To avoider responsibility is not because we do not want. But mostley we do not have "easy" access to. We use to accept what is present and comfortable ... Politics arrange it for us ..

Yes, many Palestinian are mad on you, because of what they have experienced due to occupation. This massage of "madness" mostley brought to you over media intensify the picture of the ghost expecting you in the cave. The ghost expecting the evil out-side ~

Yep; the media feed mostly our conceptual reality and not the reality it self. See bellow the call I've got this morning to put an end to this "business".Without blaming who has started, we move in circles of spoiled conceptual reality of destruction. No one side can reveres the spin of the circle on its own. On both sides we must find people to do that.
Mainly Palestinian can disarm Israel strongest weapon "the threat". And mainly Israeli can support Palestinians live in dignity and prosperity.

Wael
---END

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Hi Rony & all/

The topic you spread is a complex one. One has to know much in order to target it. Actually – it revolves about knowing, & already here we encounter a problem – what is the truth about the Nakba? Is it a big crime that the Israelis did, or is it not the Israelis fault? There are many opinions, & the truth is not easy to detect. In addition to that, one have to ask him self – is it important to learn the narrative or just seek for the truth? Narratives tend to be a distortion of the truth, or a partial truth. It is easy for me to believe that just as a major part of the Israelis don’t know the Palestinian narrative, so a major part of the Palestinians themselves are not aware of the actual truth behind their narrative.
I’m speaking of questions such as how the Nakba had happened & why – blame it all on the Israelis I think wouldn’t be fare. Also questions about the identity of the refugees should be addressed. Another topic is to know the story of the Jews – not only the Jews that fled from the holocaust in Europe, but also the story of the Israelis refugees from the Arab states which were more or less the same number as the Palestinian refugees. Also it is important to understand what happened since the Nakba had occur. How come that unlike many refugees all over the world, the Palestinians stayed at this position for so long, & how unlike I think every other case is the world – have a status definition that causing their nr to multiple bout a scale. It is really important to think about all of that & more in order to get some proportion about the problem. It’s important for both Israelis & Palestinians, & from that understanding we can maybe figure out that the solution has to be a compromise.
So – in general – yes, I think it is important to learn about the Nakba – but I think both sides should be very responsible in how they are doing it. Sure – it is also important to understand each others’ feelings, & to understand that each of us is influenced from propaganda, & to understand that it affects the place that people are coming from.
Anyhow – I’m sure that this topic have to be a part of the piece process. Luckily – this subject has been discussed already with most of the people & bodies that are dealing with trying to solve the conflict. Solutions have been suggested. I think maybe if we would urge ourselves – both sides – to support these solutions & end this conflict this would be the most important thing, cause what is really important is the future, not the past, & the sooner the peace would be here – the better. To bring that peace & to sustain it people on both sides will have to learn about this part in our history in as fair manner as possible, & to understand each other, & to understand the need for comparison, & to look ahead for a better future & better relationship between the two nations.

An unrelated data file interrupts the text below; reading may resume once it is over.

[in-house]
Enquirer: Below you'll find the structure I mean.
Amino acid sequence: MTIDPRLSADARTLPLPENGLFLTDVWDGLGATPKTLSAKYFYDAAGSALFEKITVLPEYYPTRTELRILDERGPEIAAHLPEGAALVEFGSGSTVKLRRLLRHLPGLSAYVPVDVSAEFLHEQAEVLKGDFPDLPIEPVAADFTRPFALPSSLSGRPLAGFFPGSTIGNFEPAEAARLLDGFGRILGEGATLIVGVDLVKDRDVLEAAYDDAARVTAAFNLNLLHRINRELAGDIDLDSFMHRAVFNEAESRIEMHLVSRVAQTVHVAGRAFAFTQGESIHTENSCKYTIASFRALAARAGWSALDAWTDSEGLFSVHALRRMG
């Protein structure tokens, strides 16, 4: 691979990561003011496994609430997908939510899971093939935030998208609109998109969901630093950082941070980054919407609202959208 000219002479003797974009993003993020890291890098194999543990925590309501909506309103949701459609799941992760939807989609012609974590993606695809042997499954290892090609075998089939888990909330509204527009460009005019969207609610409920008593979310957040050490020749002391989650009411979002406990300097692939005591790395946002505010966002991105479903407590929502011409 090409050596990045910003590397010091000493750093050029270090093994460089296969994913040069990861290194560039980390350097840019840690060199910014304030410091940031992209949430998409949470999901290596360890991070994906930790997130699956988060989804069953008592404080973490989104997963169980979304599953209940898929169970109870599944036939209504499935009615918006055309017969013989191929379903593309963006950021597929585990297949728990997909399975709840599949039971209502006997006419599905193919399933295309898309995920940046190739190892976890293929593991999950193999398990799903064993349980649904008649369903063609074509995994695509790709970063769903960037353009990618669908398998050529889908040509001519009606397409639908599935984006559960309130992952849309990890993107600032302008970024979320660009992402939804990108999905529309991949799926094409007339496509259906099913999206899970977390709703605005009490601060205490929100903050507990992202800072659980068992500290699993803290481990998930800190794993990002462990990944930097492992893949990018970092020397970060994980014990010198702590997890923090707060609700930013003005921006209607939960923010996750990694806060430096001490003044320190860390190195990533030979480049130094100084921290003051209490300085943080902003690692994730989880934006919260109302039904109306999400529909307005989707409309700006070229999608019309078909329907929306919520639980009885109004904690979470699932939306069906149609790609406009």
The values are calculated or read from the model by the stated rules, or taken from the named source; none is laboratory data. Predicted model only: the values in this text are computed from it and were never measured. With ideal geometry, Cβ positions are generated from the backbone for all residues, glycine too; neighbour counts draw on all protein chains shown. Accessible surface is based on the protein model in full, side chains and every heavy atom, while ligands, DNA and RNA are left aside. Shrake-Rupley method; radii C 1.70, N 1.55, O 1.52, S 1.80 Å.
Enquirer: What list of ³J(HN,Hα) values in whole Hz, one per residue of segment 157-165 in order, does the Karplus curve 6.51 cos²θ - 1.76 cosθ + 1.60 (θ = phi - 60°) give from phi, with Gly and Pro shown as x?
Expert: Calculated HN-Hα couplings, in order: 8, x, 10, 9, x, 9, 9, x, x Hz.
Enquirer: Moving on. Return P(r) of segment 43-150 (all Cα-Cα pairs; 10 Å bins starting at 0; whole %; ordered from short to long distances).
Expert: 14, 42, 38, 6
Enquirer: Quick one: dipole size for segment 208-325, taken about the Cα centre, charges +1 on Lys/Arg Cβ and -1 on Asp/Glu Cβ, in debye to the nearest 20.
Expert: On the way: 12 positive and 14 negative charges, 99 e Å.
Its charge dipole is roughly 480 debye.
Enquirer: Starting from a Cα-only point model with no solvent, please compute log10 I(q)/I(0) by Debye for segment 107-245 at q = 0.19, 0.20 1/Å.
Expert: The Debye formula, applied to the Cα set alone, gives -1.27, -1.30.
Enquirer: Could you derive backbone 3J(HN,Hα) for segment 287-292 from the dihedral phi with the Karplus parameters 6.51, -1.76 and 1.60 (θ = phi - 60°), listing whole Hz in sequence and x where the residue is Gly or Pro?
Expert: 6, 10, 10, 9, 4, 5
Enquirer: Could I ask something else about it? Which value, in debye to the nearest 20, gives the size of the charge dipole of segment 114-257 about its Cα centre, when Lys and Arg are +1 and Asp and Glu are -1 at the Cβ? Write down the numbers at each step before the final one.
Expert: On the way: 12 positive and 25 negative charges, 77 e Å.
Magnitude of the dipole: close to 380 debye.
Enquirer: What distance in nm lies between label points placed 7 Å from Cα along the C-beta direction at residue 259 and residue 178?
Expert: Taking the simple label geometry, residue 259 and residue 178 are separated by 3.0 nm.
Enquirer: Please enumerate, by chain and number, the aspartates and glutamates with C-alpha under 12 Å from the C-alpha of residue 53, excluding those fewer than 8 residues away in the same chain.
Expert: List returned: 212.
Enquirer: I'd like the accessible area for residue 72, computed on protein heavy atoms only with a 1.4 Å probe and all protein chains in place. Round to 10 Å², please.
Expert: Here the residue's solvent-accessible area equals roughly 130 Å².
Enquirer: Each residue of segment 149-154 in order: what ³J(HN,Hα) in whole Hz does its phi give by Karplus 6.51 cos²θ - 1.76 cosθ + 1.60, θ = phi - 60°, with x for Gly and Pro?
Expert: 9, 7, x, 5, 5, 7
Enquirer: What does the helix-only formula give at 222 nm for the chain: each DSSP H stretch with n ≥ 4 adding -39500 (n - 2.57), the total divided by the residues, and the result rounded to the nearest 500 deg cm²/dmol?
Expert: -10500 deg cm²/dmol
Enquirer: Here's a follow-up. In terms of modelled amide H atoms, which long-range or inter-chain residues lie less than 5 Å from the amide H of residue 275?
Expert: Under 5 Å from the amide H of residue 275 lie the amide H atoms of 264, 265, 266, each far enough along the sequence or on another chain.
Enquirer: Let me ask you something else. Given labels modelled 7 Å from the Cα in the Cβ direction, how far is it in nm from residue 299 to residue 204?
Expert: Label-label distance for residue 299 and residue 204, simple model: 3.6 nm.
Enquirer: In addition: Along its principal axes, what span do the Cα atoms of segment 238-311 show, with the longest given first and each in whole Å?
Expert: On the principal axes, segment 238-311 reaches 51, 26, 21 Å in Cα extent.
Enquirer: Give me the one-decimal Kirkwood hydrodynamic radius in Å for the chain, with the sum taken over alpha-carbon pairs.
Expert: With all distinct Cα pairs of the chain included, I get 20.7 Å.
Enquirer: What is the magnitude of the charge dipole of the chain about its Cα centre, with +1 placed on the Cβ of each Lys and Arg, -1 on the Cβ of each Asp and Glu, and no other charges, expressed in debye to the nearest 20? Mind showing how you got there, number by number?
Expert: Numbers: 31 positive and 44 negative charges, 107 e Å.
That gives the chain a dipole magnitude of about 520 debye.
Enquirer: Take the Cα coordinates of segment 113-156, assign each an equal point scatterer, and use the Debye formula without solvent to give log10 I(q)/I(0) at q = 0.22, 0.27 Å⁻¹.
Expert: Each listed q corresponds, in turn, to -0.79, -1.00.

The solution would be, if I can see through, the Israelis taking some part of the blame on themselves, & compensating the Palestinians with money & with some land that would be part of the Palestinian state, & giving some Palestinians the opportunity to return & be Israelis; the Palestinians themselves would have to assemble in their state partially, & many of the Palestinians that are refugees outside of Israel would have to become citizens of the countries they are in – most obvious is Jordan with its 80% of its population Palestinian. the world is ready to help financially, & this solution is very logical in terms of nationalism & in terms of compensation, & from there on, we could start trying to leave in a fair peace.
The term "truth" is used a lot in these kind of discussions. What is the truth? Who is the good guy / bad guy? Who's the oppressor?
I don't think such a truth exists. The historic facts exist, oh yeah, but the narratives are strong enough to distort the picture completely. On one side, the Palestinians are deported out of their peaceful homes to a painful exile. On the other side, Israelis win their freedom in a new land after thousands of years of exile. You can go to either side and hear their stories, and get immersed in them completely and feel like this is the only truth existing. But both truths exist together, and we need to know them both. I do not search for the truth - I search to learn all the narratives of the story, and the to find what can be a win-win solution.
This is why I do not like answers in the form of "it's those brutal Zionists" or "it's these violent Arabs" - both are reactions of people getting carried away in one narrative, immersing themselves in one "truth" - and no good comes of that. The full picture should be in front of our eyes in order to find a solution for everyone.
Thanks. :)